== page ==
As we end one year and turn the calendar to January, many people take advantage of the fresh start to pledge new life changes. Recent statistics show that almost two-thirds of Americans regularly or sometimes make New Years Resolutions.
Some of the most common ones involve health, including the following; lose weight, exercise more, eat healthy, drink less alcohol, and quit smoking
Despite their obvious benefits, resolutions also bring challenges, which result in many good-intentioned individuals ultimately abandoning them. But they don’t have to be an annual recipe for failure. Following certain strategies and tips can help foster success at the start and all the way to end of the year.
Tips for Making New Year’s Resolutions
- CHOOSE WISELY. Don’t simply specify a resolution if it isn’t a priority for you, if you’re only doing it because your spouse is or if you don’t think you can succeed.
- THINK HARD. Consider what is important to you and what you can realistically accomplish. Don’t just pick “lose weight” because it is a popular choice. Resolutions, by nature, should be personal and deal with something you want to change. Here are a few more tips to help pick your New Years Resolutions.
- MAKE IT PERSONAL. It’s unlikely that you will diligently apply yourself toward something that isn’t a priority for you personally. So don’t set yourself up for failure by forcing yourself into someone else’s goals for you. If your sister wants you to learn a new language but you to learn gourmet cooking, pick what motivates you. You have to want to quit smoking for yourself – not for your spouse – in order to succeed.
- BE SPECIFIC. Saying things like “exercise more” or “volunteer” need specifics to make them tangible and more likely to be achieved. Aim for “exercise 3-4 times per week,” or “volunteer once per quarter” to provide a specific, measurable target. If you don’t meet your exact specification, that doesn’t mean you failed, but still have made progress. If you have a vague goal of “enjoy life to the fullest,” however, how do you know what that looks like and if you have achieved it?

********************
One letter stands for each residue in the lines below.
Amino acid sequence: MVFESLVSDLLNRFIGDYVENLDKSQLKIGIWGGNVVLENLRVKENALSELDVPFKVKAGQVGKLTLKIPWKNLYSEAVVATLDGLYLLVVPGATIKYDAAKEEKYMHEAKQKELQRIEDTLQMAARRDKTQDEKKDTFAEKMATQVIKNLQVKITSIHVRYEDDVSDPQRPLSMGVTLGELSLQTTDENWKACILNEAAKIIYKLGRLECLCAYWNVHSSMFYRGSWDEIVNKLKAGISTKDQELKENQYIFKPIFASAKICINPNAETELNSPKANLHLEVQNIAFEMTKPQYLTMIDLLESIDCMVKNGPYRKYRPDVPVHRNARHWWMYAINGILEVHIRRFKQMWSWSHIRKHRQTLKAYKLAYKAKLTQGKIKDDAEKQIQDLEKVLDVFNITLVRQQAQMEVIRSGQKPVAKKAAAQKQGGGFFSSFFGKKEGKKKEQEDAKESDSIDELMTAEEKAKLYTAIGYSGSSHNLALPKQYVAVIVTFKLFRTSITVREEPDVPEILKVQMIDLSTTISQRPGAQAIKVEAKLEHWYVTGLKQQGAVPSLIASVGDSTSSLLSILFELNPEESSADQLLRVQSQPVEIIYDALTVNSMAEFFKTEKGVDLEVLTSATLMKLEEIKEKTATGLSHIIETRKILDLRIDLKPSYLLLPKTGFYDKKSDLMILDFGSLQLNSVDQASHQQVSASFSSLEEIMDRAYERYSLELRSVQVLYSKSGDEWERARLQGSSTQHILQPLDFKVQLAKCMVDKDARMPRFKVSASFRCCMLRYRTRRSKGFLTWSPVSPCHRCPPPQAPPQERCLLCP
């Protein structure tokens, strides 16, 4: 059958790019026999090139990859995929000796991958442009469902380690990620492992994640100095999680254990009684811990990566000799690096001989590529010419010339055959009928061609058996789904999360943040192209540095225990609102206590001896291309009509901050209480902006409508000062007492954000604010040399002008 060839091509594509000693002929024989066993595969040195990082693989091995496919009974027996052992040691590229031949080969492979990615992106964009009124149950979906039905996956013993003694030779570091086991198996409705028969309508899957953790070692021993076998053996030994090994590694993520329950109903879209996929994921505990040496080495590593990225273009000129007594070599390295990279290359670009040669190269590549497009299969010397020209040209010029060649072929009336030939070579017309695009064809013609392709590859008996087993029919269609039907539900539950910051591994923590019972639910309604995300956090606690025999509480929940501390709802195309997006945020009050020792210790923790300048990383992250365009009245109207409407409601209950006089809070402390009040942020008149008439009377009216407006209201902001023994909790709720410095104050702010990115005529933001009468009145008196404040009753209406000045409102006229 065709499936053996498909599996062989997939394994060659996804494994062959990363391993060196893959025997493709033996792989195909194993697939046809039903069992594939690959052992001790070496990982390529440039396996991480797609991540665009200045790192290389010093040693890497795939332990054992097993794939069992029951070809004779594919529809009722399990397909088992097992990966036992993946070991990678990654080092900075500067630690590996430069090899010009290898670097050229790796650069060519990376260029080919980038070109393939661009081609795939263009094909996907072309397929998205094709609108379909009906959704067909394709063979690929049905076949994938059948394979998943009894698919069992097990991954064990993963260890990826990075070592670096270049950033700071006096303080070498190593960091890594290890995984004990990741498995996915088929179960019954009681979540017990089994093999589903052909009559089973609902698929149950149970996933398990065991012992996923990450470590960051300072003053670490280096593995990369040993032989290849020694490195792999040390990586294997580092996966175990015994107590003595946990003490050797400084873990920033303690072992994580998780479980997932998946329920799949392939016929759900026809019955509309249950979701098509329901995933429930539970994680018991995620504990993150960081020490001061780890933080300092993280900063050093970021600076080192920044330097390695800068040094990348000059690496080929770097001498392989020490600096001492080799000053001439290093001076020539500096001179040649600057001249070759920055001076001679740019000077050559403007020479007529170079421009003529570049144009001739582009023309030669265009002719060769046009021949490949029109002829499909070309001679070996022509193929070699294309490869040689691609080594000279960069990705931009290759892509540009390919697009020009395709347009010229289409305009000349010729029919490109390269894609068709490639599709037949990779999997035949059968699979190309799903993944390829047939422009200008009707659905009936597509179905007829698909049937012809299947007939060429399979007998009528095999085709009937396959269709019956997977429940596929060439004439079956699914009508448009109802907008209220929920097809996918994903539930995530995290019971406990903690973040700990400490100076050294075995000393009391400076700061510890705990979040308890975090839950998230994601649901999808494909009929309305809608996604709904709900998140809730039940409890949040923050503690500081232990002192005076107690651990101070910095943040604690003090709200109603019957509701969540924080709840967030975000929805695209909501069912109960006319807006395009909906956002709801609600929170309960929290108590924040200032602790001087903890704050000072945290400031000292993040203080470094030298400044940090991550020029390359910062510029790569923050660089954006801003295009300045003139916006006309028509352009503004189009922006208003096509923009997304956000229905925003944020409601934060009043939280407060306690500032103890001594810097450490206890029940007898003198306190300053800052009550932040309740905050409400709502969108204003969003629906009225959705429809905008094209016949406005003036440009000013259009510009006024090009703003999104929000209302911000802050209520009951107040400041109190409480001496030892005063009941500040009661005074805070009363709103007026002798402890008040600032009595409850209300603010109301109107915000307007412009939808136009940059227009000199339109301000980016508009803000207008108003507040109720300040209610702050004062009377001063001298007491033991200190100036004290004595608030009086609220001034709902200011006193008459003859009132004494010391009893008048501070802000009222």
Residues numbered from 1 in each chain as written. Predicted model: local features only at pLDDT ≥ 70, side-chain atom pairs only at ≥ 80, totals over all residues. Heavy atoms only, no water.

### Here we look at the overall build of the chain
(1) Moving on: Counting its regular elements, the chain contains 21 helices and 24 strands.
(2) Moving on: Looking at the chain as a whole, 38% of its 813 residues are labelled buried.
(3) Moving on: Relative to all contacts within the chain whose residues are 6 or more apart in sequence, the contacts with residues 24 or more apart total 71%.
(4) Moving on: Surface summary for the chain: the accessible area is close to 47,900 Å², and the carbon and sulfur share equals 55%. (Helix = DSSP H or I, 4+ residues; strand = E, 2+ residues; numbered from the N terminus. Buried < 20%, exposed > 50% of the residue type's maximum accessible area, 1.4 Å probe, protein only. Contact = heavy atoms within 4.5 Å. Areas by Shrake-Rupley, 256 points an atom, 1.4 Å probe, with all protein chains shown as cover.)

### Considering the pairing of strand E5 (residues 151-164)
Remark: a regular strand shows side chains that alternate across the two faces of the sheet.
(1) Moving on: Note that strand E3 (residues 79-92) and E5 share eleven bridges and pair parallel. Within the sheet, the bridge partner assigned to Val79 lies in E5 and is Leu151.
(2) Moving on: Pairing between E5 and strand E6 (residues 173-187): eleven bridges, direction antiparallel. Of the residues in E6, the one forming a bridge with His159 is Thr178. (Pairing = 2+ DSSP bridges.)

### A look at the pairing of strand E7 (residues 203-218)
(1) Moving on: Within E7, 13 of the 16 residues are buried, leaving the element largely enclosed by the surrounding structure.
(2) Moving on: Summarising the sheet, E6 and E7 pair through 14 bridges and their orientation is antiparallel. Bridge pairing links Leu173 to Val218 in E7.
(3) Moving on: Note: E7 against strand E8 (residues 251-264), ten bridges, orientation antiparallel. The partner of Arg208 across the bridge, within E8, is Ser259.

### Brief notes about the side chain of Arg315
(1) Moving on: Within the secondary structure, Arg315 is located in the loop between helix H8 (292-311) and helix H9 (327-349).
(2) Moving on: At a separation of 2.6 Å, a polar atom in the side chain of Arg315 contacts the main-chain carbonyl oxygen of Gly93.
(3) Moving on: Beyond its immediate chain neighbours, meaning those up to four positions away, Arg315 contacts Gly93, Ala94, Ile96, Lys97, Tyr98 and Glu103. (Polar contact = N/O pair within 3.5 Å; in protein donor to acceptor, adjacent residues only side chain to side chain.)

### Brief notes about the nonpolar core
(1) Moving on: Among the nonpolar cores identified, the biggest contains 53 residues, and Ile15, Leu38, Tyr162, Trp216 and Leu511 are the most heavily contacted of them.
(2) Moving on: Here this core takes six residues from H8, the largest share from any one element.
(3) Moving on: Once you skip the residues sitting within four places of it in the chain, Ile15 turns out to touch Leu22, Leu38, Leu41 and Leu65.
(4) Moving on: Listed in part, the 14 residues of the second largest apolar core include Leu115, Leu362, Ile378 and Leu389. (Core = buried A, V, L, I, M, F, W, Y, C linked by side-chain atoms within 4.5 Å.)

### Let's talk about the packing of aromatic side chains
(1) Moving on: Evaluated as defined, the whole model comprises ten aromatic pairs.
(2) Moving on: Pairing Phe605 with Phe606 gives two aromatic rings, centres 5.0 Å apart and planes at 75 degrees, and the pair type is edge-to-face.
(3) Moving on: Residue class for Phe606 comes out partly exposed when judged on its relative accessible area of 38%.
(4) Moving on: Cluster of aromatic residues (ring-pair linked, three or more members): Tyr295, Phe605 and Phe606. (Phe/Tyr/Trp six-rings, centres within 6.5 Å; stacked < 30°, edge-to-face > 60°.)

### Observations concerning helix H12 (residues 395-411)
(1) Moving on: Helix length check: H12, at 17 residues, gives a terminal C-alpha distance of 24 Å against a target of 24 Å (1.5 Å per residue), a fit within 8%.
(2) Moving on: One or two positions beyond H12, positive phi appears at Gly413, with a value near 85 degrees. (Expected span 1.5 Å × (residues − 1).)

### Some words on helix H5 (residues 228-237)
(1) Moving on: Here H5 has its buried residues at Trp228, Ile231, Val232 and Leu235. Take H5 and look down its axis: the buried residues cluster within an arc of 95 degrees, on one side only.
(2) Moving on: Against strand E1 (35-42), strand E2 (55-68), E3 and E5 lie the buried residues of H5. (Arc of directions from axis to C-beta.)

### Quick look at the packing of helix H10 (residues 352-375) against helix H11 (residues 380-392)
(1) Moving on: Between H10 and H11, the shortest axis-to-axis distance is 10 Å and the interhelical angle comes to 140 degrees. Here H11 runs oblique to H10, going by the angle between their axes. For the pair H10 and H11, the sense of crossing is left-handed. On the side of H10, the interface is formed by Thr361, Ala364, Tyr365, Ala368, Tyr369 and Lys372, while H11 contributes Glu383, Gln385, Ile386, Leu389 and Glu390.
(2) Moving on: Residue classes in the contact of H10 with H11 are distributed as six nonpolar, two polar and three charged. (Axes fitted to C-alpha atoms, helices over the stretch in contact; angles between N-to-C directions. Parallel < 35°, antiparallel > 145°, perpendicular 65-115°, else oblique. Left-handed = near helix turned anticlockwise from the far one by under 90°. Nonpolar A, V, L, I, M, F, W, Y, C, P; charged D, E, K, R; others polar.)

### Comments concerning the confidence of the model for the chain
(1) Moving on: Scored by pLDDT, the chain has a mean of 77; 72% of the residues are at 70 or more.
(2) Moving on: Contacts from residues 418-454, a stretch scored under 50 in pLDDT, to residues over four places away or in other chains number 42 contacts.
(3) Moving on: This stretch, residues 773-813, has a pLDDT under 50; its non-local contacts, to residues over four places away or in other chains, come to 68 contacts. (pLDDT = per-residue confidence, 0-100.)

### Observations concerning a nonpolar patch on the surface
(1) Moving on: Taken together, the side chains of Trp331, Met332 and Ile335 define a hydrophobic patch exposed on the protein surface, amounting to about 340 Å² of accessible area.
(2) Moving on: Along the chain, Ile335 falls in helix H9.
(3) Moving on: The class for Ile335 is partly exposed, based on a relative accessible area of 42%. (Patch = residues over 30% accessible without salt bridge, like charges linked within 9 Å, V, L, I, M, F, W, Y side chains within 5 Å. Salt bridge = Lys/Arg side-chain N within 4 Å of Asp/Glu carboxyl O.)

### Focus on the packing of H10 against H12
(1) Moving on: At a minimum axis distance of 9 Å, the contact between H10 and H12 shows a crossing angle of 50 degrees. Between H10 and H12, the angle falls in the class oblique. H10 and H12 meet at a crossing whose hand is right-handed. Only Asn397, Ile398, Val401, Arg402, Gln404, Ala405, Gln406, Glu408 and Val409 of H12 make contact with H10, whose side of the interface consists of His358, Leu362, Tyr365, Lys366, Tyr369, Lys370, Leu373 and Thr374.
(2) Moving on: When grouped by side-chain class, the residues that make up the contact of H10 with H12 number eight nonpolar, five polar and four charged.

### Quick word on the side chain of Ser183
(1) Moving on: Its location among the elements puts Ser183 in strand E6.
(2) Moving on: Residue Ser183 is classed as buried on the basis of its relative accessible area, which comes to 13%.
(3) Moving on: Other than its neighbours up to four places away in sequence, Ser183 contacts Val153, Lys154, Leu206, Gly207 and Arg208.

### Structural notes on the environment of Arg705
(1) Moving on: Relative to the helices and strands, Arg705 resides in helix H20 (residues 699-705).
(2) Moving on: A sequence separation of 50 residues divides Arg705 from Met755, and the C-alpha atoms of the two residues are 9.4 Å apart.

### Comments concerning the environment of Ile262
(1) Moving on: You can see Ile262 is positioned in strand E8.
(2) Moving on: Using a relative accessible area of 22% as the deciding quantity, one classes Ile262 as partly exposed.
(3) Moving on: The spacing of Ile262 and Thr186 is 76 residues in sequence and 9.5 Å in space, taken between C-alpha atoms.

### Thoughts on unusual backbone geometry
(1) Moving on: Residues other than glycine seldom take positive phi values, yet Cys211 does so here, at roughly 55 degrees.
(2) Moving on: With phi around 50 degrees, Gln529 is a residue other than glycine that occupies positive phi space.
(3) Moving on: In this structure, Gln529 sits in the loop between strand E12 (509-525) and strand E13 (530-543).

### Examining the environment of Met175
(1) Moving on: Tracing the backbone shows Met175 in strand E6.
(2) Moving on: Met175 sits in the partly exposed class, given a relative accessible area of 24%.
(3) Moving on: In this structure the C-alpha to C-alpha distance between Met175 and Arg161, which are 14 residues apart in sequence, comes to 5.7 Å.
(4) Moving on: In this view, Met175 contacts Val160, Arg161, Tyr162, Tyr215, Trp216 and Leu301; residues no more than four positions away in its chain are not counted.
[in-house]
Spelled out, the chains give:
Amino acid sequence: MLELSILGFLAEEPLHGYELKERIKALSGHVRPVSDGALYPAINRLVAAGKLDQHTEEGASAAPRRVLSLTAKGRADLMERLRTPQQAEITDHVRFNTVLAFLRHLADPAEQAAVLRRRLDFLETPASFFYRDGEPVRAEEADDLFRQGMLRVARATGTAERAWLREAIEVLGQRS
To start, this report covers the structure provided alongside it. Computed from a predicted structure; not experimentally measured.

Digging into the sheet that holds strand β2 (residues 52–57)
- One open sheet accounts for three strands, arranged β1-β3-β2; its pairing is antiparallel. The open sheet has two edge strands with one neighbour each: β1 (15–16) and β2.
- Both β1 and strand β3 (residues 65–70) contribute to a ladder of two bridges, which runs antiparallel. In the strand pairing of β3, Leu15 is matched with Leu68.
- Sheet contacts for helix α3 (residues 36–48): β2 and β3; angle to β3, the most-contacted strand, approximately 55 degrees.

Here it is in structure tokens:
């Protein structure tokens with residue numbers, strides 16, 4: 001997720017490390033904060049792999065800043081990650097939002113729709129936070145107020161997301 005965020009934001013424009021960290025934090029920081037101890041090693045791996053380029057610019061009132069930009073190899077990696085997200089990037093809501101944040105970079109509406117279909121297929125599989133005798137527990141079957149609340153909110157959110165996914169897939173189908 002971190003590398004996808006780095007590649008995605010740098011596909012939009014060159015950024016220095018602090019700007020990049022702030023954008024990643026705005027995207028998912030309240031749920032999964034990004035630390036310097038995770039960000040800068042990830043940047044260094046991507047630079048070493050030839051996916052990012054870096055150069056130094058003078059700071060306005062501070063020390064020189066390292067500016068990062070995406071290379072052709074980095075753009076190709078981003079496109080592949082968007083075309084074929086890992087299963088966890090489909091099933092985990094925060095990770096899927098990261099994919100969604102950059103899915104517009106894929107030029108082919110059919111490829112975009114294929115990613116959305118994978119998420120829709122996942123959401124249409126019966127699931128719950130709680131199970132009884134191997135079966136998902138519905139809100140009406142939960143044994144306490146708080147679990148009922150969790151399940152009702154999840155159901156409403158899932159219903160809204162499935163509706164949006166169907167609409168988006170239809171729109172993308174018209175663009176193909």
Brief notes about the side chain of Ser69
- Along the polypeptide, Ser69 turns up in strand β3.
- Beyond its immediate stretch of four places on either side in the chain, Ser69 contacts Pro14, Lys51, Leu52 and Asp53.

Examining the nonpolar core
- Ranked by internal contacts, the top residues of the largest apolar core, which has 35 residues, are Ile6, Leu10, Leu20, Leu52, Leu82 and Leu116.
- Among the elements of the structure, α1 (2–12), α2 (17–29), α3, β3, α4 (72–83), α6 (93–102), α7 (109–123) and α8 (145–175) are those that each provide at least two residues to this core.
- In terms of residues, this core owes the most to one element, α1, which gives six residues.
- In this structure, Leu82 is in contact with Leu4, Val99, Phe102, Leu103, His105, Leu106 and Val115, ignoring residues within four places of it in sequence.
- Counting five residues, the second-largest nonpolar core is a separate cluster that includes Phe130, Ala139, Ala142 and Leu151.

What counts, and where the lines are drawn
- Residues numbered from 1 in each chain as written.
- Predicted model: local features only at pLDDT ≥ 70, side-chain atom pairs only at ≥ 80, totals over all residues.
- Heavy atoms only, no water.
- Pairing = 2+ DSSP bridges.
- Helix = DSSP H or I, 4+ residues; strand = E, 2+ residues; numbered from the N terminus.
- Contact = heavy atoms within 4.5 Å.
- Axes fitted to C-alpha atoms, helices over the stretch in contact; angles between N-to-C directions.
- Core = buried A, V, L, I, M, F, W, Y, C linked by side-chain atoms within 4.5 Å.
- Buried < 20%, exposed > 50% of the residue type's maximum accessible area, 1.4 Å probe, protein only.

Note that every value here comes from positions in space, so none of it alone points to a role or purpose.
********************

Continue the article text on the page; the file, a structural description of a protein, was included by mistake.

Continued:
- LIMIT YOURSELF. Sure, we all have areas of our lives that we could improve, but don’t set 10 resolutions, unless they are very small. You may think that the more resolutions you have, the more likely you are to meet at least some of them; but realistically, you’re better off with one or just a few focused resolutions to which you can apply all your efforts. With a lot of resolutions, it becomes difficult to determine where and how best to divide your energy.
- AIM HIGH – BUT BE REALISTIC. Resolutions are aspirational, otherwise we’d all succeed in them all the time. The key is to make your goal challenging but not insurmountable. So perhaps you aim for something between eating only fruits and vegetables exclusively for every meal and eating one fruit or vegetable a week. Or aim to lose 5 pounds a month versus 5 pounds per week. Find a balance that is motivating – somewhere between formidable and a no-brainer.